Guest: Leslie Campbell, nominating & governance (nom/gov) committee chair for 1800PetMeds and Coupa Software and board member of Bideawee, Inc.
Host: Meghan Day, Director of Directors’ Experience, Diligent
In this episode:
- How can nom/gov chairs make the most of their role? Campbell advises offering fresh perspectives, probing questions, and a lot of listening.
- How can nom/gov committees help maintain transparency? Expand the definition of stakeholders, and tell stories about good things the company is doing.
- What does an effective board refreshment process look like? Think about optimizing the talent you already have, in addition to replacing directors.
As the pace of change accelerates, shareholder expectations intensify, and diversity, community, and ESG issues rise as priorities, board composition must include individuals with unique but complementary skills and experience. Achieving this fine balance is the job of the nom/gov committee.
How is this role evolving in a changing landscape? What can a nom/gov committee member or chair do to ensure success? In this episode, Leslie Campbell shares insights from her experience as nom/gov committee chair for 1800PetMeds and Coupa Software.
1. How can nom/gov chairs make the most of their role?
When Campbell joined Coupa Software as nom/gov chair, she was tasked with the challenge of setting up the committee structure from scratch. “I think about that particular scenario as a huge opportunity,” she says.
And even if they’re not starting with a fresh slate, nom/gov chairs should observe governance practices with a fresh eye. Campbell recommends asking questions like, “Do these governance practices reflect the way we know it can be today? Are these structured in a way that reflect best practices, as well as the mission and values that exist today?”
Campbell emphasizes the importance of revisiting the company’s mission, vision, and strategy, all of which were likely put in place many years ago.
“If you’re stepping on as chair of a committee for the first time, you need to spend a lot of time listening to how things evolved so you understand the background of what you’re actually inheriting.”
– Leslie Campbell
From there, she says, “Talk to the board about what you see. They’re expecting you to do that.”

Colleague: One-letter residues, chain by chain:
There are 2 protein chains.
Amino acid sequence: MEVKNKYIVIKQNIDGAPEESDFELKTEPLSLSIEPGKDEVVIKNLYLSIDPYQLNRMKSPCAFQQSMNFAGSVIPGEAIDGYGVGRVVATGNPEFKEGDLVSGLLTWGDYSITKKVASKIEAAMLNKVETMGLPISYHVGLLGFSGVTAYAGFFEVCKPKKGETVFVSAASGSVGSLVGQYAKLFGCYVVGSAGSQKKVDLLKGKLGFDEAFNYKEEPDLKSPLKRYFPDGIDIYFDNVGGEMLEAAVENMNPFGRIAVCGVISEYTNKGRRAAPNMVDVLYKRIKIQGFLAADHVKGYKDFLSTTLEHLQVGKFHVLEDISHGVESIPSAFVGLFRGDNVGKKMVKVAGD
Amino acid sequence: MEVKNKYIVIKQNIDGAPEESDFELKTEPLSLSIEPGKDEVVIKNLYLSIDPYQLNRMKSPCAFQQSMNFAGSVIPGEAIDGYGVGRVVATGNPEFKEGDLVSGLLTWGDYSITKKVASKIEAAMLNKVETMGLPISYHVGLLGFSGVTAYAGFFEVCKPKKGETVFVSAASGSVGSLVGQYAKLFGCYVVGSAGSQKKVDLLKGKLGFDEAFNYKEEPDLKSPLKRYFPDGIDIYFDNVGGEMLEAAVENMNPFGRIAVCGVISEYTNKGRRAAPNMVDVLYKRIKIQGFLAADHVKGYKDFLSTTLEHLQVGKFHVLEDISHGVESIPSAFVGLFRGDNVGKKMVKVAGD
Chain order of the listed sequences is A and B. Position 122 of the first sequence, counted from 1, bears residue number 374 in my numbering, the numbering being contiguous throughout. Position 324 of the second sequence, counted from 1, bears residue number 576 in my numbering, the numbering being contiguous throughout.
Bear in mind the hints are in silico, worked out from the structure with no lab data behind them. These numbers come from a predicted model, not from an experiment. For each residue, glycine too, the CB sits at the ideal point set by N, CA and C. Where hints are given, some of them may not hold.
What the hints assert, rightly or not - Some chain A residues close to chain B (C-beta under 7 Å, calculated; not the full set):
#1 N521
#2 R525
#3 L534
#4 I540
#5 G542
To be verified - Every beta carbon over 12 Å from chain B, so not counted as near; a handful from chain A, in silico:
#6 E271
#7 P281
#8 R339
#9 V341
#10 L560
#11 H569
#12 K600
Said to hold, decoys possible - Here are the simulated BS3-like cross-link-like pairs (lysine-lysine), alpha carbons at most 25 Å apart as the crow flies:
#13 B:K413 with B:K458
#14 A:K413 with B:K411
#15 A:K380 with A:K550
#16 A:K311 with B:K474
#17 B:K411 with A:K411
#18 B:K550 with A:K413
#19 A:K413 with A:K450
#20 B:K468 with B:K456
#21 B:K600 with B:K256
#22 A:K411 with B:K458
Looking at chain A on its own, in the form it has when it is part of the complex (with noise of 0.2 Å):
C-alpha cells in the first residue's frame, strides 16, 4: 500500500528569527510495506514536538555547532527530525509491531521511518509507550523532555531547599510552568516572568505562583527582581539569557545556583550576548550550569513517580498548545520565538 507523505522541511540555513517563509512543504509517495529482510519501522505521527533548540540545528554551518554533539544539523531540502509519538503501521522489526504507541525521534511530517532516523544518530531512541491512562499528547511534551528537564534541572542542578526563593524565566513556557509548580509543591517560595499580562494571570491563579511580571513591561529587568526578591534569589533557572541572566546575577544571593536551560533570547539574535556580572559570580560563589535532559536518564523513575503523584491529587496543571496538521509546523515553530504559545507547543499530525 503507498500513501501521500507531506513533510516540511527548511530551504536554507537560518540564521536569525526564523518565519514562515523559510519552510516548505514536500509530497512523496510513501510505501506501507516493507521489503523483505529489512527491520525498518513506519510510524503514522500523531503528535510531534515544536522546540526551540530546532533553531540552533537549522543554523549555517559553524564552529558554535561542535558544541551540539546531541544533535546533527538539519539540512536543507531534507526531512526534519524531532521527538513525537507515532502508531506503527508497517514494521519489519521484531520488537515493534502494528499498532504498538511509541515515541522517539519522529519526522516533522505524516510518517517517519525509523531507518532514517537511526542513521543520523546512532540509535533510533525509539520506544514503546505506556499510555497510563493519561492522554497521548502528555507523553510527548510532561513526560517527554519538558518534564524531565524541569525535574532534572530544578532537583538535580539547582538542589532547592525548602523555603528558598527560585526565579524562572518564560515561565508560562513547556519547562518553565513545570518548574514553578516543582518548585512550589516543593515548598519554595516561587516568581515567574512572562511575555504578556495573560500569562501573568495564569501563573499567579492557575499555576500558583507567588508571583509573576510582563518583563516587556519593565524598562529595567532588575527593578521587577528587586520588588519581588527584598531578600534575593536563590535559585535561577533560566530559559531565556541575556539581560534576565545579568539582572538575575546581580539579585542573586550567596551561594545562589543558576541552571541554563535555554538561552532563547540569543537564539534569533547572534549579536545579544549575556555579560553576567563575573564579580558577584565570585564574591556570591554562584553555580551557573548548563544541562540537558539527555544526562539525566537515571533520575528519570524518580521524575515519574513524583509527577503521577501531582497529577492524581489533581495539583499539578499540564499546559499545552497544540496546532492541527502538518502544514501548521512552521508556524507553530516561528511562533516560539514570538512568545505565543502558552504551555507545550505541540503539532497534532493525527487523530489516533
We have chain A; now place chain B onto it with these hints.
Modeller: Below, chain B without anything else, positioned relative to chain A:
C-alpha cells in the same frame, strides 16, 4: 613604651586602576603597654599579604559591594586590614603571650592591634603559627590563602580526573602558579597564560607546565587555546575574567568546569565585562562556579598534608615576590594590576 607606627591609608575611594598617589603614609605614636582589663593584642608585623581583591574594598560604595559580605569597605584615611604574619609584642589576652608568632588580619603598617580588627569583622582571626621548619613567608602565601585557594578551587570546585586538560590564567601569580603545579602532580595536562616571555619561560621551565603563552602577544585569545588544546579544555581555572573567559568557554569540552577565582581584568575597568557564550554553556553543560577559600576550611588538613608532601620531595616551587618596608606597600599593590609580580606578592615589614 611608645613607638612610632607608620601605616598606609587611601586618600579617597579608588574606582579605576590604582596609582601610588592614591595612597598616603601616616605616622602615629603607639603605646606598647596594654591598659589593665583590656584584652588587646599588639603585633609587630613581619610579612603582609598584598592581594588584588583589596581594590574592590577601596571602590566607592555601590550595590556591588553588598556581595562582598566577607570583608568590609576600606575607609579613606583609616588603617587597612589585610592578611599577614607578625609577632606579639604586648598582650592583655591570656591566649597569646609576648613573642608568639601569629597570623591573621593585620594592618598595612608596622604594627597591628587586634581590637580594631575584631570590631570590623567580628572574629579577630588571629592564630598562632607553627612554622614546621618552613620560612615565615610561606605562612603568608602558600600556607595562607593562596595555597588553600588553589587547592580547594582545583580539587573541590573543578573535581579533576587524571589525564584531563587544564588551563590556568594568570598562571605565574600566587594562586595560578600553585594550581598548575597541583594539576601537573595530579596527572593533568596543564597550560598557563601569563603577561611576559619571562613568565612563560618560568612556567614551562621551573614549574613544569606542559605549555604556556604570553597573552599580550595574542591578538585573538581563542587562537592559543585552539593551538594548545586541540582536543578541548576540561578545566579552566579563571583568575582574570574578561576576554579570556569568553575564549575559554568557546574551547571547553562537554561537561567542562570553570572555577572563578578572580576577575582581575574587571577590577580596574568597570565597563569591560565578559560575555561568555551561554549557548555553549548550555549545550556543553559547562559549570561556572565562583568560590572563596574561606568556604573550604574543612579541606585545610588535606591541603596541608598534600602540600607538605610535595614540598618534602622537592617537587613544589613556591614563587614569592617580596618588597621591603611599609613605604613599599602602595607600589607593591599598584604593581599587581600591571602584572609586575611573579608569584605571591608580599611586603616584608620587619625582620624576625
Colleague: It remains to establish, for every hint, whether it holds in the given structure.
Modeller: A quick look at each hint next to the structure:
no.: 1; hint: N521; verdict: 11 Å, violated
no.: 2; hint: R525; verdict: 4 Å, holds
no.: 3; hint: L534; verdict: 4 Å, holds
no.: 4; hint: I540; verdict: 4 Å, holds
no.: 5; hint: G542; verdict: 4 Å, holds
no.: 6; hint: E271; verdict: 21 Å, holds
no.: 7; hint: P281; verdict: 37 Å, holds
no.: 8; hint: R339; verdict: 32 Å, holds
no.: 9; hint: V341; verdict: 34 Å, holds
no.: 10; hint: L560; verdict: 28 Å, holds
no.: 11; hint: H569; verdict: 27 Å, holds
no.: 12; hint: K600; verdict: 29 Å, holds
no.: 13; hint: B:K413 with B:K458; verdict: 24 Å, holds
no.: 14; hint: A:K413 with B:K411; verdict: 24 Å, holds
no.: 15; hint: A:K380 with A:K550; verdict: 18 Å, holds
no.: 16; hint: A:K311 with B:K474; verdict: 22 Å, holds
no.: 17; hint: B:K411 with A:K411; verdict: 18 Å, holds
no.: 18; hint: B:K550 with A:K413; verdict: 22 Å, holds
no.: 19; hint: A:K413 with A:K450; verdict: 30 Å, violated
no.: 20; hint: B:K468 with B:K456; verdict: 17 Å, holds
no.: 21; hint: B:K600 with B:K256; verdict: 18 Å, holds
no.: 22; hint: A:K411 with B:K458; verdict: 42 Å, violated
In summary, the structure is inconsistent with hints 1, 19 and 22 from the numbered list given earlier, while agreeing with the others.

2. How can nom/gov committees help maintain transparency?
As issues like diversity continue their rise into the spotlight, more eyes are on the nom/gov committee to share how the company is addressing relevant challenges.
It’s a growing audience of customers, employees, investors, and communities. And All of these stakeholders have a much louder voice these days. “They’re more vocal and transparent about the things they’re asking their companies to disclose and do,” Campbell points out.
“Companies are now tasked with thinking about all the stakeholders that they have: customers and employees and investors but also the communities we serve and the environment in which we operate.”
– Leslie Campbell
Stay proactive in public disclosures and maintain consistent outreach, Campbell advises. Engage with stakeholders to see what’s on their minds. Finally, focus on the positive by telling stories about the good the company is doing.
3. What does an effective board refreshment process look like?
While many think of board refreshment as a matter of adding, removing, or changing members, Campbell encourages nom/gov chairs to also think about how they can optimize the talent that already exists on the board.
For example: Do you fully understand the capacity of each board member? Are you getting the most from their individual expertise? Is your director facilitating conversations that ensure everyone is fulfilling their potential?
According to Campbell, “Members should be talked about in nom/gov as the board continues to evolve to ensure everyone is contributing at their highest level.”
“Before you think about moves adds and changes, you should focus on how you’re optimizing the talent you already have on the board.”
– Leslie Campbell
Also in this episode…
Campbell and Day talk about how board operations overall will differ a decade from now. “The amount of information we’re going to have and the speed with which it is coming at us is going to be dramatically different,” says Campbell. “We have to be more organized and methodical about how we gather and absorb and take action on that information.”